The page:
New Zealand’s and perhaps the world’s last surviving soldier of Second World War heroic Battle of Crete died at the age of 104.
On Sunday, Cyril Henry Brant Robinson, passed away at the retirement community of Whangamata Moana House, New Zealand.
Robinson was the last New Zealand soldier to have served in the Battle of Crete, according to Paul London, a former leader of the New Zealand Battle of Crete Association, and “in all likelihood, he may well be the world’s last solider to have participated in the battle.”
Last Surviving Soldier’s Astounding Tale of The Battle of Crete
In speaking to The Herald about the Battle of Crete, Brant had revealed that “six hundred and seventy-two Kiwis (New Zealanders) were dead after 12 days of violent, ferocious combat with expert Nazi paratroopers, frequently in close quarters with fixed bayonets. As the Mediterranean island passed into Hitler’s clutches, another 967 people were hurt and more than 2,000 were seized as prisoners of war.’’
The soldiers who battled for the island of Crete in its time of need were never forgotten by the Cretans. Among the men who had fought for Crete was Brant Robinson of New Zealand, who passed away on Sunday. But just what was his role in the battle?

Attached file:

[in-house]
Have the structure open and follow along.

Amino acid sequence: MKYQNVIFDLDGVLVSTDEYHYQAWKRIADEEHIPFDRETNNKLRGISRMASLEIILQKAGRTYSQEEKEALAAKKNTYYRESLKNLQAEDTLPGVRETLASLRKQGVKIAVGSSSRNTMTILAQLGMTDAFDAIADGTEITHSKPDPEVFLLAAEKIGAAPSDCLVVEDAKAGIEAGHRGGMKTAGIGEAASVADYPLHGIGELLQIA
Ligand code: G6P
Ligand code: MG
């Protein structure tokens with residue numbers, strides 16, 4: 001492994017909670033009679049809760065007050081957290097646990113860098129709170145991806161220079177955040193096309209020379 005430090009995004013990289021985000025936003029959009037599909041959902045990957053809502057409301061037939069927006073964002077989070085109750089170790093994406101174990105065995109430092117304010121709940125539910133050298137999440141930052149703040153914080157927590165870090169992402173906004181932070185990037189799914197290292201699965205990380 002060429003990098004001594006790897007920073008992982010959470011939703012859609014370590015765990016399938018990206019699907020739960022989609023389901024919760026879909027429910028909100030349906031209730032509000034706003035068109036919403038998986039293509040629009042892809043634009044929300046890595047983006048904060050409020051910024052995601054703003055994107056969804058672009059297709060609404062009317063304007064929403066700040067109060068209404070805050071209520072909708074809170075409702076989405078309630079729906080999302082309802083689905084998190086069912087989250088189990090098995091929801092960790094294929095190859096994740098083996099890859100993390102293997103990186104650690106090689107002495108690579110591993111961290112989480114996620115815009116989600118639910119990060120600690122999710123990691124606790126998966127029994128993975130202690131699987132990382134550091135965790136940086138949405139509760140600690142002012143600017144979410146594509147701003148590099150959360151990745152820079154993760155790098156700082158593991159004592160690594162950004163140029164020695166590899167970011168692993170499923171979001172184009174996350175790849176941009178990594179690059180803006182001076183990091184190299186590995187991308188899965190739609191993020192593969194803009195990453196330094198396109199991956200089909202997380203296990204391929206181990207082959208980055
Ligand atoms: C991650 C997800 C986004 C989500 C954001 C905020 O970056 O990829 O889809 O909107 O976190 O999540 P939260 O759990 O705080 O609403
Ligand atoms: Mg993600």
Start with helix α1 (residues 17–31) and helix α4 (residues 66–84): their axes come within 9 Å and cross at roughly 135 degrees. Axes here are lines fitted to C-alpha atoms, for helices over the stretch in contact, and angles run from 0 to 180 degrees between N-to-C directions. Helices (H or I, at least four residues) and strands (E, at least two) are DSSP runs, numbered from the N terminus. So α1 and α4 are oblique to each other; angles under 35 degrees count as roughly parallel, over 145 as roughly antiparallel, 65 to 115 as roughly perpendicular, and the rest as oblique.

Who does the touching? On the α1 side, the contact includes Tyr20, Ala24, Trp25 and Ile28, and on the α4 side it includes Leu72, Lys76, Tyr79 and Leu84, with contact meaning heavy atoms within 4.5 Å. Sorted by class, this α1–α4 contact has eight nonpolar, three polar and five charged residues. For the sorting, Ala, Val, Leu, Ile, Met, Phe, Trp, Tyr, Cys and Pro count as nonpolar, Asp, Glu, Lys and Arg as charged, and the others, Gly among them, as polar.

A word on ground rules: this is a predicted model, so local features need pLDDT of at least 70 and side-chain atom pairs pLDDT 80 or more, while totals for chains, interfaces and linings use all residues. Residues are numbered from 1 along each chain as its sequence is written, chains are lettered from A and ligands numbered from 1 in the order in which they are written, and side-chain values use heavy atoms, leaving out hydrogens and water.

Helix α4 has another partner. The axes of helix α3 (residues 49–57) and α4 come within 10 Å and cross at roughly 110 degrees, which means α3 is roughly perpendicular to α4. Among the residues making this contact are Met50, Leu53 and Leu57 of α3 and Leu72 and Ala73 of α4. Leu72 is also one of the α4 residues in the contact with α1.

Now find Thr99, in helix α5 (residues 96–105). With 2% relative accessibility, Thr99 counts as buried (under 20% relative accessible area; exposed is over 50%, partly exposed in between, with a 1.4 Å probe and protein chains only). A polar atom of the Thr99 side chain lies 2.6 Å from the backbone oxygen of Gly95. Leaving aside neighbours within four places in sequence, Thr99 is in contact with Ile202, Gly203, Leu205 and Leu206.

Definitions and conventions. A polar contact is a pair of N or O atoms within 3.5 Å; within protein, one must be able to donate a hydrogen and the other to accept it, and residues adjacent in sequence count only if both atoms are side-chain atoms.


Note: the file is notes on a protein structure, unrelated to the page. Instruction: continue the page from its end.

On June 1, 1941, in Souda Bay, Staff Sergeant Robinson was taken prisoner by the advancing Germans after arriving on Crete with the advance detachment to set up camp.
He was imprisoned in a POW camp on Crete for seven weeks before being transported to Nazi Germany, having been forced to march for days without food and minimal water despite Cretan residents trying to hide food in their passing hands.
Brant was detained at Stalag VIII-B Lamsdorf, which was built in 1939 to house Polish detainees from Germany’s invasion of Poland in September of that year. Later, he was transferred to Stalag 8B Teschen for three months before being transferred to Stalag 383 Hohenfels.
“The worst part of being held prisoner is not knowing how long the confinement would last.” Robinson said.
Robinson, one of the last surviving soldiers of the battle of Crete, was one of the thousands of men compelled to march west in the early months of 1945 when the Soviet troops swept through Germany. Known variously as The March, The Long March, or the Death March Across Germany, it resulted in hundreds of people starving to death and dying from cold weather-related causes.
Robinson, however, considered himself fortunate and had claimed that “it wasn’t that bad.”
“We only had to march for about three weeks, whereas people who lived further east had to begin during the winter and suffered from frostbite while trekking through the snow,” he had said. “We were quite fortunate to have decent weather, and the Red Cross was able to find us and provide us with food. Thus, things may have been worse.”
Eventually, he was freed by advancing American forces at which time he then set out on his arduous return trip, and despite the hardships he had faced during WWII, he lived to the ripe old age of 104!
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